Creating S.M.A.R.T. Improv Goals

As we’re halfway through the year (sorry for reminding you), let’s do a check in on our New Year’s Resolutions! Or not. New Year’s Resolutions suck!

For a start, we begin working on them in the crappiest and most depressing time of the year. No one wants to shift all the pounds put on through delicious Miniature Heroes while it’s grey and cold outside. What makes things even trickier is that we often want vague things like ‘getting fit’, ‘making more time for myself’ or ‘becoming the greatest improviser in the world’. These are wants, they’re not well set goals that we can work on achieving.

A couple of years ago, Jules Munns of the Nursery Theatre introduced the idea of ‘SMART’ goals. I don’t use ‘SMART’ as gospel when planning out goals but the concepts have been invaluable to me. There are a number of variations on what each of the letters stand for depending on who you talk to but these are the ones I’ll use:

Specific: Focusing on a particular area for improvement.

Measurable: A quantifiable indicator of progress.

Achievable: Goals that can be achieved through a set of actions.

Realistic: Stuff that you can do based on your circumstances.

Timely: Deadlines!

 

Specific

A great starting point that’s easy to neglect. If you’re like me you want to get good at EVERYTHING in improv (or at least a whole bunch of things) this can make things overwhelming at times. As a starting point, think about the projects you want to do and the skills you want to improve upon.

For example I’d like to expand my character range, continue to develop Fright Club’s campfire format and improve my practice as an improv teacher. These are still vague-ish and lack details but I have a good starting point to apply the other aspects of SMART to my goals.

 

Measurable

Quantifiable measurements and artistic endeavours can make for odd bedfellows but it’s a clear way to track your progress for a specific goal. Often our feelings aren’t a great indicator of whether we are improving or not and our reliance on them as a measuring stick makes things messy. Feeling great after a show can mean I’m getting better but it can also mean I’m very much staying in my comfort zone. This applies similarly to shows we don’t feel that great about. Evaluating your progress through the filter of your own ego will drive you nuts.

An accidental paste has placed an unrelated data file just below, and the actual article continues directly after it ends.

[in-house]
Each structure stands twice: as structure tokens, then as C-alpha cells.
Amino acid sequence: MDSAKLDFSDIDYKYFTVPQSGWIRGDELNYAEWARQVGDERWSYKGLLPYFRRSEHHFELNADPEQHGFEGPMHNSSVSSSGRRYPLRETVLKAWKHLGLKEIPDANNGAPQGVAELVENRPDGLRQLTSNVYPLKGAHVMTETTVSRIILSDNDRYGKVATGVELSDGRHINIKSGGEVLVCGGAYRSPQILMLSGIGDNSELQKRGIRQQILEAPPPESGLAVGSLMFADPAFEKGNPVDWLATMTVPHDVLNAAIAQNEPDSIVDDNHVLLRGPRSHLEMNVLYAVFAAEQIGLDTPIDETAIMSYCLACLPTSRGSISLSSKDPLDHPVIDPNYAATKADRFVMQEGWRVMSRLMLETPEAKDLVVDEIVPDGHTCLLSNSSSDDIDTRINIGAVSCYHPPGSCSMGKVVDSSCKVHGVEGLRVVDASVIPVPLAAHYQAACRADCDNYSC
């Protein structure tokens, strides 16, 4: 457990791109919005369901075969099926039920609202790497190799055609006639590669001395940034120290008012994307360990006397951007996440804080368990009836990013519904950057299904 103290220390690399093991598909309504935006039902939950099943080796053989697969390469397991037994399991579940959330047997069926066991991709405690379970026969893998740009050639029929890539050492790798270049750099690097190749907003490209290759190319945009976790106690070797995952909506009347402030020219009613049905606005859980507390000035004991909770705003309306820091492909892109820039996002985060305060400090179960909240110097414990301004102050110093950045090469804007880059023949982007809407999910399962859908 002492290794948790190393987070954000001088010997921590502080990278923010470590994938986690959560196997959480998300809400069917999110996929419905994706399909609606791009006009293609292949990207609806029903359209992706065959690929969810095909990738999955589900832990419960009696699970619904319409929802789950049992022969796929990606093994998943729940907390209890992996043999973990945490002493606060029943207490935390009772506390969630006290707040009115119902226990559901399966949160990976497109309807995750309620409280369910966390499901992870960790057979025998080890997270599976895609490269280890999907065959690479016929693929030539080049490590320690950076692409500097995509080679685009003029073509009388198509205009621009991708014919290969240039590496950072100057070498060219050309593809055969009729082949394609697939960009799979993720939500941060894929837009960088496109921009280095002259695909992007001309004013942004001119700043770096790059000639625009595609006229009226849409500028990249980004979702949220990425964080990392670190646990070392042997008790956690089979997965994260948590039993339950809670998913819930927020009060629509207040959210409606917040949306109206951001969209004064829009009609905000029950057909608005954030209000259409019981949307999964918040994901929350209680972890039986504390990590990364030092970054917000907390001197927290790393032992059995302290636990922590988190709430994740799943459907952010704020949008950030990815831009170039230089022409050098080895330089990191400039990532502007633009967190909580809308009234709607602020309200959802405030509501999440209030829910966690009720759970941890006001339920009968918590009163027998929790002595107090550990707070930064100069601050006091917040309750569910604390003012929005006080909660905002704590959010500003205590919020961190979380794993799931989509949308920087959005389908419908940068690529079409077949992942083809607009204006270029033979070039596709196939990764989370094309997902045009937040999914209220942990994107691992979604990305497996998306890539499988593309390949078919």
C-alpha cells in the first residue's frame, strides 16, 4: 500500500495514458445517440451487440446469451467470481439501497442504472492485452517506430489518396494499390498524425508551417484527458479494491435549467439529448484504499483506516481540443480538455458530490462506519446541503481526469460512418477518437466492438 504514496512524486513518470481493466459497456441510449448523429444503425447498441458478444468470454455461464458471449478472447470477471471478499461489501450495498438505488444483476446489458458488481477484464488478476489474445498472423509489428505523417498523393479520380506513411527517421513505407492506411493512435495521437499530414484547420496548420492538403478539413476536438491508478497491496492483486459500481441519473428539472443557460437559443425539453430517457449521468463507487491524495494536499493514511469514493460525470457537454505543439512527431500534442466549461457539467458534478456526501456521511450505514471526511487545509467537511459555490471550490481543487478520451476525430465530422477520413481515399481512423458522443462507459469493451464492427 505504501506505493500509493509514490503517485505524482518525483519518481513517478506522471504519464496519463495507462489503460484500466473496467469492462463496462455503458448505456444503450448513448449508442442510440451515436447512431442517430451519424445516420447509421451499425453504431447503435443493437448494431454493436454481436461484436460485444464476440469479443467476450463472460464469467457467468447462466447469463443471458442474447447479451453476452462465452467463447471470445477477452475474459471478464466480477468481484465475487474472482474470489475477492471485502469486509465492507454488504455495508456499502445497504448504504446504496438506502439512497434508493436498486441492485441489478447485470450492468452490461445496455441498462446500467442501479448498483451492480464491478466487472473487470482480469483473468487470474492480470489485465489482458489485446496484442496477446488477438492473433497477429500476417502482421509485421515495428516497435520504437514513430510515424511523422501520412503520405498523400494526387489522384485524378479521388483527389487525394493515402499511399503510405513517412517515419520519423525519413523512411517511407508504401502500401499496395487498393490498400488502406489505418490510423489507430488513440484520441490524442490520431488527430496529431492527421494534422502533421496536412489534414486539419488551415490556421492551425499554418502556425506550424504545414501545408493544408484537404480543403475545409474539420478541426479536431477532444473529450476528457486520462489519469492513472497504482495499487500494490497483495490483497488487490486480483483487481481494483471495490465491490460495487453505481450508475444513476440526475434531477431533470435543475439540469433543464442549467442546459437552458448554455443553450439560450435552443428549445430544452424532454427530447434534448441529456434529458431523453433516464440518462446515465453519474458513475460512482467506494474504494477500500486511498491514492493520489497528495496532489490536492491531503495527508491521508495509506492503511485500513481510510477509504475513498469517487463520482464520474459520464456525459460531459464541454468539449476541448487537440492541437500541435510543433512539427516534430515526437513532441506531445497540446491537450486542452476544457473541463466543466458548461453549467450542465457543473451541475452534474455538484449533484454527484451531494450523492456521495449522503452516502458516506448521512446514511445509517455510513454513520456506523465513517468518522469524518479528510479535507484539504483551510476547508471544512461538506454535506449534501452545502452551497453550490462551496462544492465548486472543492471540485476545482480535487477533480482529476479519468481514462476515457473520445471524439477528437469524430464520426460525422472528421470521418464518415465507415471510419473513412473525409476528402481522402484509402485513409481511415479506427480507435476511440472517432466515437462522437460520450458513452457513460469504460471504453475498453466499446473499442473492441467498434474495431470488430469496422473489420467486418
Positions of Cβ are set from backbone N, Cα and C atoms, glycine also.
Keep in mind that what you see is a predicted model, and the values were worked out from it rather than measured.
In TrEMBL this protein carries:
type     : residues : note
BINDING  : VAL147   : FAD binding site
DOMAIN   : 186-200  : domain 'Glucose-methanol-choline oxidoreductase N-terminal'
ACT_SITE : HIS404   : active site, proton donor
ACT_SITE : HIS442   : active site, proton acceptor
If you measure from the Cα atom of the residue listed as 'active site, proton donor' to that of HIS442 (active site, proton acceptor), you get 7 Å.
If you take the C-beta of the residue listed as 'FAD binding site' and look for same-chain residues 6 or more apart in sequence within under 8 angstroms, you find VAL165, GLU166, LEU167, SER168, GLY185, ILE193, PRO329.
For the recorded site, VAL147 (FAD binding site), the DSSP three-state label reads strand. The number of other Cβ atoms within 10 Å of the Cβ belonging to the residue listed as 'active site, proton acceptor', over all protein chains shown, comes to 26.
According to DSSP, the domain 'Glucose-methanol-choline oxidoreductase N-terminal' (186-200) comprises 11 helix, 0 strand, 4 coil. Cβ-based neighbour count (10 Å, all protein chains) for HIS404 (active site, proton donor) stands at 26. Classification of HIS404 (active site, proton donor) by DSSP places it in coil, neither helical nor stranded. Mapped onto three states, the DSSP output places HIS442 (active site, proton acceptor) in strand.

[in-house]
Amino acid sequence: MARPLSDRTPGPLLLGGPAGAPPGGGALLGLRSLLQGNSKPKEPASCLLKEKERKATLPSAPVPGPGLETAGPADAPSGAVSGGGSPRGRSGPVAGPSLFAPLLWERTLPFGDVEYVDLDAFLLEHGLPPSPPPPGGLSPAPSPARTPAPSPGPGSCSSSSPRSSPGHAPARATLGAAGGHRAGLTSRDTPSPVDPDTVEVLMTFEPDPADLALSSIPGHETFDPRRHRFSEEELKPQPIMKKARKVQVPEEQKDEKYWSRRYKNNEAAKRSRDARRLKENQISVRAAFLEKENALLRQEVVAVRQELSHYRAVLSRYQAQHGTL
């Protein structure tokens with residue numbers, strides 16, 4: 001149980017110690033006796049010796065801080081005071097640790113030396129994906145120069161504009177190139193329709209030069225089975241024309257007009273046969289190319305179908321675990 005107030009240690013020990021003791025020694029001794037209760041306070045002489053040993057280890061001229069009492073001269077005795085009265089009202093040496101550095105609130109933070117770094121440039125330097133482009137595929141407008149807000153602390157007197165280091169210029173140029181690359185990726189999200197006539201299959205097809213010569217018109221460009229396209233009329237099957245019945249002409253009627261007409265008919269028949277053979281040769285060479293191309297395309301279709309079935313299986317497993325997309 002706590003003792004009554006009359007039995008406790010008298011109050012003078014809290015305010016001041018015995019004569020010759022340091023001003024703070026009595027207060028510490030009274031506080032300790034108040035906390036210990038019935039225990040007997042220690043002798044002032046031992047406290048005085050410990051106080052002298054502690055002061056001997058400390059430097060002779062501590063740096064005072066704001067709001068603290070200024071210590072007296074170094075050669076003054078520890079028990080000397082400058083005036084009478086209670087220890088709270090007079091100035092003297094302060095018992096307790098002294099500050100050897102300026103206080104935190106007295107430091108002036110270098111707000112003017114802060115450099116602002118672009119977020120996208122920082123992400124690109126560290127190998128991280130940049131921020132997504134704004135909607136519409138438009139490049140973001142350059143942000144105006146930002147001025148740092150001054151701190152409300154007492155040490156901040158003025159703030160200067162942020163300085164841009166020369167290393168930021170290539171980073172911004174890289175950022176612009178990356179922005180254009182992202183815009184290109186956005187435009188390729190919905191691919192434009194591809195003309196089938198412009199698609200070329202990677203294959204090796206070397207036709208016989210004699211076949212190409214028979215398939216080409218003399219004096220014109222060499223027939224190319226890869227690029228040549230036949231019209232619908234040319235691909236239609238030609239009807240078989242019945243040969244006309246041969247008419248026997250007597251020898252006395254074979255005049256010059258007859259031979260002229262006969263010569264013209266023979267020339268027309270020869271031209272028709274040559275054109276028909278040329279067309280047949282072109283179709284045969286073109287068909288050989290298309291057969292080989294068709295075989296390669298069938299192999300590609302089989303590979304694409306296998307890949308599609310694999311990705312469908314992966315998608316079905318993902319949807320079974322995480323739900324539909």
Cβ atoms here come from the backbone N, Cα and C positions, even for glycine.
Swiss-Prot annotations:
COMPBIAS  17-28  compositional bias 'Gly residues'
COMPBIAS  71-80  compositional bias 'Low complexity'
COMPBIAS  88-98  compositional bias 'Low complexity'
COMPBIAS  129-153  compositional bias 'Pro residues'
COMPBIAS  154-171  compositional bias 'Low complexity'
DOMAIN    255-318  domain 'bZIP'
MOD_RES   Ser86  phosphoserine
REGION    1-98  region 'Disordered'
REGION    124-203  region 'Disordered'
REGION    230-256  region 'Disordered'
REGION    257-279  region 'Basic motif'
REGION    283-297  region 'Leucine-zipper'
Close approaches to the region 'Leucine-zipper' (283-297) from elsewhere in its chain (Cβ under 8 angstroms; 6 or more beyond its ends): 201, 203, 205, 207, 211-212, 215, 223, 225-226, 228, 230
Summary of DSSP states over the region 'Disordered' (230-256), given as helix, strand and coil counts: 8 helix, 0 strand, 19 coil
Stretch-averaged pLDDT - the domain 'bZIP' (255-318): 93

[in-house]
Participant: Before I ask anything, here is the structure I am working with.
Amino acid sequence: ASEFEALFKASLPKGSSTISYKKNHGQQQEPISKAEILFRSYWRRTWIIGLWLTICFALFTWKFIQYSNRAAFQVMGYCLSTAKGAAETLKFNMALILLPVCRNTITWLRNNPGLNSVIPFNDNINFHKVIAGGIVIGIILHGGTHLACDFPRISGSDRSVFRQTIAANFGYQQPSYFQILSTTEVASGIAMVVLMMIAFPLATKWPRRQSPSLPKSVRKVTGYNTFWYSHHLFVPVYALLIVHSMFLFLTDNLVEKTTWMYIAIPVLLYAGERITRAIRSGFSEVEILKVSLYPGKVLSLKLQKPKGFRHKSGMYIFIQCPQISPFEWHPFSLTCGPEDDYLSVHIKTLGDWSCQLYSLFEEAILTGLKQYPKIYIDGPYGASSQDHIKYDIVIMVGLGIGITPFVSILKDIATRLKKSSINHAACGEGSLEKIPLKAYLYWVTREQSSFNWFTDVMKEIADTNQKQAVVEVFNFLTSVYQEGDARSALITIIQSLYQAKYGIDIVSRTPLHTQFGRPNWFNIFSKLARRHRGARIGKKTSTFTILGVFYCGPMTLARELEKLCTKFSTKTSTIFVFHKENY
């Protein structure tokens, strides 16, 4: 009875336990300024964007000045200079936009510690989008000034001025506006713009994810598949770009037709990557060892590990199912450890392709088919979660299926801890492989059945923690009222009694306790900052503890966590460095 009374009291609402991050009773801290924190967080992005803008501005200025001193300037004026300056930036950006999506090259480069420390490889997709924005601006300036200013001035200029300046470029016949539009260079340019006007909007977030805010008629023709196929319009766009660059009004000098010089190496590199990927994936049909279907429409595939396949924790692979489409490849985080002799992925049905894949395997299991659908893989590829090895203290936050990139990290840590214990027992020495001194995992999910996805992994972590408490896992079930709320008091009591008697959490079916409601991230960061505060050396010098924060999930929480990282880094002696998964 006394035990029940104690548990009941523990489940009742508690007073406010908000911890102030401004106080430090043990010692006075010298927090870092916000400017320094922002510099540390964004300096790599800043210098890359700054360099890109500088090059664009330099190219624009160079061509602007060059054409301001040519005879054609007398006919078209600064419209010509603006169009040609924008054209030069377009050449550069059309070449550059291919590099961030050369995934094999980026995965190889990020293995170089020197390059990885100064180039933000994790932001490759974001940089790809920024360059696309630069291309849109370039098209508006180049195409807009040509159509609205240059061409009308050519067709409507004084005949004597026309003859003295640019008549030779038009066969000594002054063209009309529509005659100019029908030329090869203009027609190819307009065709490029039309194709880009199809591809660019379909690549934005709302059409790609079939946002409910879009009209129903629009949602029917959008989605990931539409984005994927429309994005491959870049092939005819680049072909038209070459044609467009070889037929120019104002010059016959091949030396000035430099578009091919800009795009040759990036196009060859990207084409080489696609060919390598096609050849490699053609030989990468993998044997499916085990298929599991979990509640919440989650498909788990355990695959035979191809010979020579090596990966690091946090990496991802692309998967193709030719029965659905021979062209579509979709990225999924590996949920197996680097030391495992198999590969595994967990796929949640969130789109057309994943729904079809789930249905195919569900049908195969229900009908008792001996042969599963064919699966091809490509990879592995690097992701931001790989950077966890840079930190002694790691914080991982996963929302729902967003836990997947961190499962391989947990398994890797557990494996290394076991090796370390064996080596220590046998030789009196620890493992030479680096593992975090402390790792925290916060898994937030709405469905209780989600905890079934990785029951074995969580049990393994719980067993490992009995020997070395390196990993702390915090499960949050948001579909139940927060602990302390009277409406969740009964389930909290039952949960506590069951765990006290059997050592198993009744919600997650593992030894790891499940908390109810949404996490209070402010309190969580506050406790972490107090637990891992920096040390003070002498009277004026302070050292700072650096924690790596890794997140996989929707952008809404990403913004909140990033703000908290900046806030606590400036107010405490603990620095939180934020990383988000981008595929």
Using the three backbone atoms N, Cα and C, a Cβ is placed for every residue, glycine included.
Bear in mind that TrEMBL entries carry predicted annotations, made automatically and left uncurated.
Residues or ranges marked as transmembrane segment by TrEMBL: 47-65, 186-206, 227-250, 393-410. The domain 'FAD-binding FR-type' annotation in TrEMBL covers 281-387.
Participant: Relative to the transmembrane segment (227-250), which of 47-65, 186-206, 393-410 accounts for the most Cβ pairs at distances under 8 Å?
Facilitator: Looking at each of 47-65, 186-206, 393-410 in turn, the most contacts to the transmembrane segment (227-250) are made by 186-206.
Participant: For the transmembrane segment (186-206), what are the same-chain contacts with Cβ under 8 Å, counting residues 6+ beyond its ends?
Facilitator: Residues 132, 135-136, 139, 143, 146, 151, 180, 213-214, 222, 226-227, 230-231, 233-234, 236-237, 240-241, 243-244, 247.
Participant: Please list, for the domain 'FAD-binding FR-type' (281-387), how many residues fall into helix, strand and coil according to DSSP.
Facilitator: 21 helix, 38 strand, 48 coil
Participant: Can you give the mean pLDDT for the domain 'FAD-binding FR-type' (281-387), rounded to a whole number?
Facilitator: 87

If your goal is to develop and improve your improv show, take into account how often you’re rehearsing, how many shows you do and how often you receive coaching or training.

If you’re developing a skill, find ways of measuring how often you demonstrate it successfully. If I’m looking to expand my character range, I (or an outside eye or coach) can count how many times I show different characters in a 20 minute set during a rehearsal or on stage. For a more expansive look at developing specific skills in a rehearsal setting I recommend reading one of my favourite books:  How to Teach Improvised Comedy: Using the Science of Expertise to Develop Masterful Improvisors by Jason Lewis (I’d have named it something a wee bit catchier but it’s still a great book).

 

Achievable and Realistic

Due to the nature of making an acronym that makes a word rather than a forgettable jumble of letters, these two sound more similar than they should but there is a distinction. The word achievable could be substituted for ‘actionable’, as in a set of steps that you can take towards your goal. Basically, is there stuff that you can do to progress towards your goal. If you can’t break down your goal into a set of actionable steps, then you probably need to have a rethink. Realistic is what it says on the tin, using your current resources (time, money and current knowledge) are these appropriate goals to be setting for yourself?